In November 2017, the Federal Trade Commission (FTC) held a meeting, comprising industry groups representing generic and brand-name drugs, pharmacies, and pharmacy benefit managers, to discuss possible solutions to increase competition and lower the cost of drugs in the United States. Afterward, numerous stakeholders submitted comment letters to the FTC addressing competition issues.
In November 2017, the Federal Trade Commission (FTC) held a meeting, comprising industry groups representing generic and brand-name drugs, pharmacies, and pharmacy benefit managers (PBMs), to discuss possible solutions to increase competition and lower the cost of drugs in the United States. Afterward, numerous stakeholders submitted comment letters to the FTC addressing competition issues.
The Association for Accessible Medicine (AAM), a generic industry group, discussed barriers to industry competition, including delays in approval, the inability to acquire active pharmaceutical ingredients (APIs), ingredient cost and supply chain fluctuations, a low potential for return on investment driven by consolidation in the wholesale and retail markets for generics, and wide-scale annual price deflation.”
To demonstrate that generics companies are seeing a decline in their bottom line, AAM’s letter stated, “For every $100 spent on dispensing generic medicines in this country, approximately $65 goes to the distribution and reimbursement of those products by the members of the supply chain. PBMs make nearly  times as much on generics as they do on brands. Wholesalers make about  times more. Pharmacies make more than 10 times for every $100 spent on generics than brands."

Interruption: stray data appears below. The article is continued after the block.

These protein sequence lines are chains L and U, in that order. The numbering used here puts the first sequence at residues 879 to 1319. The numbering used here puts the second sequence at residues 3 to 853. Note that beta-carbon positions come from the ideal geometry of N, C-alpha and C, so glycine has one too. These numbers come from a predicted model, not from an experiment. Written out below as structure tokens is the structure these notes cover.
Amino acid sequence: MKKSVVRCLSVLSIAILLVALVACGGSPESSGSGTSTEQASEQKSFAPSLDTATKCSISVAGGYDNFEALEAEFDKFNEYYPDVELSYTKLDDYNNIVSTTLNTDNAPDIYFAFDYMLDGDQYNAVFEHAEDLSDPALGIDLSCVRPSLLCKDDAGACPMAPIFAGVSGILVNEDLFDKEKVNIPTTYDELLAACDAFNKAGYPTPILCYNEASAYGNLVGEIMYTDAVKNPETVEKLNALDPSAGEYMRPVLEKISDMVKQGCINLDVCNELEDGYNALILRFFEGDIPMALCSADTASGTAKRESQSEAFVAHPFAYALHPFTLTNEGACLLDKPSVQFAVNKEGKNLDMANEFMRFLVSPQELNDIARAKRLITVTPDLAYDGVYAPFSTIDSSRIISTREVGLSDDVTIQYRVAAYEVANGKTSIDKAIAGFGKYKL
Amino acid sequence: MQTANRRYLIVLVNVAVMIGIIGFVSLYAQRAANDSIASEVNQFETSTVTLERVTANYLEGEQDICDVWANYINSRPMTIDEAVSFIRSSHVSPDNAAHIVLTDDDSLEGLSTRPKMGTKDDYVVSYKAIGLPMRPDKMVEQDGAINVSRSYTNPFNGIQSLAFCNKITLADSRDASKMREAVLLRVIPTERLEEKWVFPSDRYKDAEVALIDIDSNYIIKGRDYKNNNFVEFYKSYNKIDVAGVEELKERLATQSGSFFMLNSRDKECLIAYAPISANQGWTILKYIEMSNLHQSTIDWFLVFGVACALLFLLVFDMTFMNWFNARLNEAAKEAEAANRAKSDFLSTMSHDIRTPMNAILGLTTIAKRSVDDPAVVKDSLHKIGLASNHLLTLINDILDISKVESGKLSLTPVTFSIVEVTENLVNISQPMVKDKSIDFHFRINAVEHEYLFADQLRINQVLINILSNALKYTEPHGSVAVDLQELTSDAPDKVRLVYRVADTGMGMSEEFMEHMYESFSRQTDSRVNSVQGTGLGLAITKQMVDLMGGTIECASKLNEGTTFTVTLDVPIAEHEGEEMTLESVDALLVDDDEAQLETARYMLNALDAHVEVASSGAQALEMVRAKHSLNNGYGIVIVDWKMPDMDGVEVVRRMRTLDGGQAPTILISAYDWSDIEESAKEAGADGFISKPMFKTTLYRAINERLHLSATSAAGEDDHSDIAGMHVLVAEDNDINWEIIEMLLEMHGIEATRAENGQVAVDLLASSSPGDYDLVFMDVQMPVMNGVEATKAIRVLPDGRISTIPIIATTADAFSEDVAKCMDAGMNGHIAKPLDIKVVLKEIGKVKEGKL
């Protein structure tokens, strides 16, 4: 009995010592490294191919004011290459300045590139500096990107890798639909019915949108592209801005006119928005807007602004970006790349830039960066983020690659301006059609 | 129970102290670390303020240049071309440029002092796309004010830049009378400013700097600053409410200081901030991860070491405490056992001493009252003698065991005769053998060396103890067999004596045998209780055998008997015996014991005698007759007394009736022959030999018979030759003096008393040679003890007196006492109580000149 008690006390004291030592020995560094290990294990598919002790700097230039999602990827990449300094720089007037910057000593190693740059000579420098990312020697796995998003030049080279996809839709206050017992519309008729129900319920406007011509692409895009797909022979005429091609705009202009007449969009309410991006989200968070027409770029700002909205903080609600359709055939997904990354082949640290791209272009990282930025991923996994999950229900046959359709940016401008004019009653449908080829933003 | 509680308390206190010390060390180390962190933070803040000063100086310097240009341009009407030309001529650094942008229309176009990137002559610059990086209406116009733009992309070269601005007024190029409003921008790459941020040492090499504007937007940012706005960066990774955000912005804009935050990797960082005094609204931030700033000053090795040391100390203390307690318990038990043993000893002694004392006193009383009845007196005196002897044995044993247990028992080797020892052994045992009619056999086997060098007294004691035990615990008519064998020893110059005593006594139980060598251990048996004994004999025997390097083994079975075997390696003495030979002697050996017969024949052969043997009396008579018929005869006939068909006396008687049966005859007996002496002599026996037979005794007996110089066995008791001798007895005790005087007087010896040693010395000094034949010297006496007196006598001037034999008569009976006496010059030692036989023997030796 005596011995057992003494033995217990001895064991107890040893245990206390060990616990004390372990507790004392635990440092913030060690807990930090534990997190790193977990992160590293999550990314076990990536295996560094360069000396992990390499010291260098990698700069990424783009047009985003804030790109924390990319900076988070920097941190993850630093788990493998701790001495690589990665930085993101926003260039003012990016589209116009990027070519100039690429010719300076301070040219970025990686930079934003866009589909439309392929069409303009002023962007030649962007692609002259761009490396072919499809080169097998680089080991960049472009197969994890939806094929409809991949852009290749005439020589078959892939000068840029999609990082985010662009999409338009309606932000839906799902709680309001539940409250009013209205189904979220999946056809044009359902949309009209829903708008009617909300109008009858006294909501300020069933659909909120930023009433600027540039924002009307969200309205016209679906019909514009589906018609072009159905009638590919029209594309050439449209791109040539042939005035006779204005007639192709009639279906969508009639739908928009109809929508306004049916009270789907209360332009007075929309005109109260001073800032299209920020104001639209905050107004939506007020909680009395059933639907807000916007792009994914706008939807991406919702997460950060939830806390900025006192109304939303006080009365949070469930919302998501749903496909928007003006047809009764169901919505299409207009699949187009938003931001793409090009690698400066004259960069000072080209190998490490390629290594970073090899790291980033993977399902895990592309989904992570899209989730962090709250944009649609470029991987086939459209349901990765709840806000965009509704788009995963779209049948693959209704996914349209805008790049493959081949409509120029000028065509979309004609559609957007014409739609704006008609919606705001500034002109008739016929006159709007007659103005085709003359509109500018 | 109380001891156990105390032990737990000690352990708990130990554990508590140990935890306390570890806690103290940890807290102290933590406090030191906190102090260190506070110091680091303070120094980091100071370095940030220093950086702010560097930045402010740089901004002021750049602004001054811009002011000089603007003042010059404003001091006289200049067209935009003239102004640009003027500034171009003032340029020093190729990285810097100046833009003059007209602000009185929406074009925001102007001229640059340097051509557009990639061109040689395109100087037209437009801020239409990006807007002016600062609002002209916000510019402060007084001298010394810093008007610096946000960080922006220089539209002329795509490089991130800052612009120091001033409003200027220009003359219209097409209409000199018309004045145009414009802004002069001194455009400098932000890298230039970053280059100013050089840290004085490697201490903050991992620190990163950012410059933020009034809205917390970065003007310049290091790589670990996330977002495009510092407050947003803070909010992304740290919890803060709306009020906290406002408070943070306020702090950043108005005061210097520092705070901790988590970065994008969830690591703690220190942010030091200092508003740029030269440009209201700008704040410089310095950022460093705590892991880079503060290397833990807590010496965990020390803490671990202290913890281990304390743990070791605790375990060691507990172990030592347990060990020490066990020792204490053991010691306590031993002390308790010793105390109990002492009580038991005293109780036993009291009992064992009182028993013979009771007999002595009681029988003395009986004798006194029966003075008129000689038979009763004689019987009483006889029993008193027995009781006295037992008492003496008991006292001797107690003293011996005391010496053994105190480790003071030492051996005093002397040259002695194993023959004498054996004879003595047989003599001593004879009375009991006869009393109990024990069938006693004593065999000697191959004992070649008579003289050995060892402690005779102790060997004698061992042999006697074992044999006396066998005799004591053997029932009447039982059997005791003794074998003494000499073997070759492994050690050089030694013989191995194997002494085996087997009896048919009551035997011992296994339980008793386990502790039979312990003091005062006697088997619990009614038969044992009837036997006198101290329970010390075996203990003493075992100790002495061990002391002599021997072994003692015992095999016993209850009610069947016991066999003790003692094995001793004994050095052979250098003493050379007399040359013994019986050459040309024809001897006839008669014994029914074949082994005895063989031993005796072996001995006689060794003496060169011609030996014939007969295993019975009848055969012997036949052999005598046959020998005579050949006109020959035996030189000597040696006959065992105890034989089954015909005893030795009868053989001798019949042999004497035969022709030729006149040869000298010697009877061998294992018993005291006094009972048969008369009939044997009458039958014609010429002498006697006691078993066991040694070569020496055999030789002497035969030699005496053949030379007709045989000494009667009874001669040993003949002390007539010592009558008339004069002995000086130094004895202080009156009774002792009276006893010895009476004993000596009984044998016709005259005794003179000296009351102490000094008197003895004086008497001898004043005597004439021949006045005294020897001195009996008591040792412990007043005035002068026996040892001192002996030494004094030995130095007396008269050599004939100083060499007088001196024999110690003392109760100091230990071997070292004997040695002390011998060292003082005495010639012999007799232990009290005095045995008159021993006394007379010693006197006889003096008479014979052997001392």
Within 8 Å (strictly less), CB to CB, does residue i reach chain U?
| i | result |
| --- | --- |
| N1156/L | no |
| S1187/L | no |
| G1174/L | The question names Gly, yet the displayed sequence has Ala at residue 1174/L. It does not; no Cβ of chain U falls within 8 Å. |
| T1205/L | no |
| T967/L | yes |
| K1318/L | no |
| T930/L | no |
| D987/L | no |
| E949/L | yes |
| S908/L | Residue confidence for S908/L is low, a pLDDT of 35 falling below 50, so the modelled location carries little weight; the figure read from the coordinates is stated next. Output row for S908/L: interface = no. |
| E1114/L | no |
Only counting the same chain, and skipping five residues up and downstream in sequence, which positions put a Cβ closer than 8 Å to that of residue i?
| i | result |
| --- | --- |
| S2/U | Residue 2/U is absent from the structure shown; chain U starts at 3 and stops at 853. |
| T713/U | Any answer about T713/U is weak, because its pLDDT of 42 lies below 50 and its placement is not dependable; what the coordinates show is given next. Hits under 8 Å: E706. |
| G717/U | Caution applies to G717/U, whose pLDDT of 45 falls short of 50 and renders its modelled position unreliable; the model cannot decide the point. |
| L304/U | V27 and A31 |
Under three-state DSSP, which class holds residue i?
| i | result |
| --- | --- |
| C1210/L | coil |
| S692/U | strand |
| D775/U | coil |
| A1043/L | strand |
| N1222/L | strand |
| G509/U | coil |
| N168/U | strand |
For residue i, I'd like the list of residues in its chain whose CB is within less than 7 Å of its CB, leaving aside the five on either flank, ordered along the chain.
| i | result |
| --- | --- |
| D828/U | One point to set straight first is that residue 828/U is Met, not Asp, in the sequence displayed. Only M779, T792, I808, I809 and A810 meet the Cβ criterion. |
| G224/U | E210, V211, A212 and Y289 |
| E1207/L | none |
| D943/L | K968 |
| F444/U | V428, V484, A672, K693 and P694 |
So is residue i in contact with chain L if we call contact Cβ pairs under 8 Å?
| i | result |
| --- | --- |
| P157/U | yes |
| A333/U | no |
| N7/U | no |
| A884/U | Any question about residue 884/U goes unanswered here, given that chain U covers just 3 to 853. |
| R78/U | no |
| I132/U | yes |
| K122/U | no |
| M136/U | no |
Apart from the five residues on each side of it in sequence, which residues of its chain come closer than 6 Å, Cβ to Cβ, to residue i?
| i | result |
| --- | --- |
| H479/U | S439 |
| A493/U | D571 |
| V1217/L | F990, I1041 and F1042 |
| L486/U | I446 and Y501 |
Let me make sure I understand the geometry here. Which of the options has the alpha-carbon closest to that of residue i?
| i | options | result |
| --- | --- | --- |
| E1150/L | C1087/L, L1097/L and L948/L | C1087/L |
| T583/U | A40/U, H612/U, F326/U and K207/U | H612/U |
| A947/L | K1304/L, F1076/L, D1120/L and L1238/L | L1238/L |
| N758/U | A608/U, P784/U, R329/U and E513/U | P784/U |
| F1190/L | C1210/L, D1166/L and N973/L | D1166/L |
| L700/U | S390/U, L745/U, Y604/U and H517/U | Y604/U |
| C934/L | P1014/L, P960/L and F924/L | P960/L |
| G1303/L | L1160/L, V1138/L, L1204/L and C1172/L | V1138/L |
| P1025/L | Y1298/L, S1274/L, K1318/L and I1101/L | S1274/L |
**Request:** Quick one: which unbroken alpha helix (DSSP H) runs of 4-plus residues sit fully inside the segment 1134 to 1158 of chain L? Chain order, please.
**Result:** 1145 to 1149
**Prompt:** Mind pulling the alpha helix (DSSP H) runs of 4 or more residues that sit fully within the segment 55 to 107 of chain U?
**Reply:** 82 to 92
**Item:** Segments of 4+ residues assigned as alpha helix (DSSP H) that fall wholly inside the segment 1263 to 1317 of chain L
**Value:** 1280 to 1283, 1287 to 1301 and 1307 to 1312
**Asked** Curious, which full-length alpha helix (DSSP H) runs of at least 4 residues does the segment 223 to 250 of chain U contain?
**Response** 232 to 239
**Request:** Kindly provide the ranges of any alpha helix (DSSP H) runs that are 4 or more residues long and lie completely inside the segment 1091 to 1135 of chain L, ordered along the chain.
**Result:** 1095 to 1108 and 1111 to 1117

Industry group Pharmaceutical Research and Manufacturers of America (PhRMA), offered other opinions on the current system: “More than $140 billion of US brand sales are projected to face generic competition between now and 2021. Competition from biosimilars is estimated to account for $38 billion of the loss in brand spending.”
PhRMA also pointed to middleman PBMs as part of the pricing problem, citing the “change [in] the contractual definition of rebates to exclude certain administrative fees, allowing the PBM to retain these payments rather than passing them back to the plan sponsor.”
The Biotechnology Innovation Organization (BIO), the world’s largest trade association representing biotechnology companies, academic institutions, state biotechnology centers, and related organizations across the United States and in more than 30 other nations, submitted a letter that commended FDA Commissioner Scott Gottlieb, MD’s, strides in encouraging competition and addressing drug prices through the Drug Competition Action Plan.
However, BIO also warned that before both the FTC and FDA “embark on a wholly new regulatory approach in this space, we encourage [both the FTC and FDA] to monitor activities currently under way that are designed to speed generic entry and promote efficiencies through market-based mechanisms.”
BIO believes that before considering additional regulatory action in order to promote competitive markets, stakeholders should wait to assess the effects of plan currently in place, as only after these plans are implemented can their impact be fully understood.
In addition to the companies mentioned, comments came in from leaders across the healthcare world, such as the Kaiser Foundation Health Plan, Pharmaceutical Care Management Association (PCMA), and the American Medical Association (AMA), as well as 318 other organizations.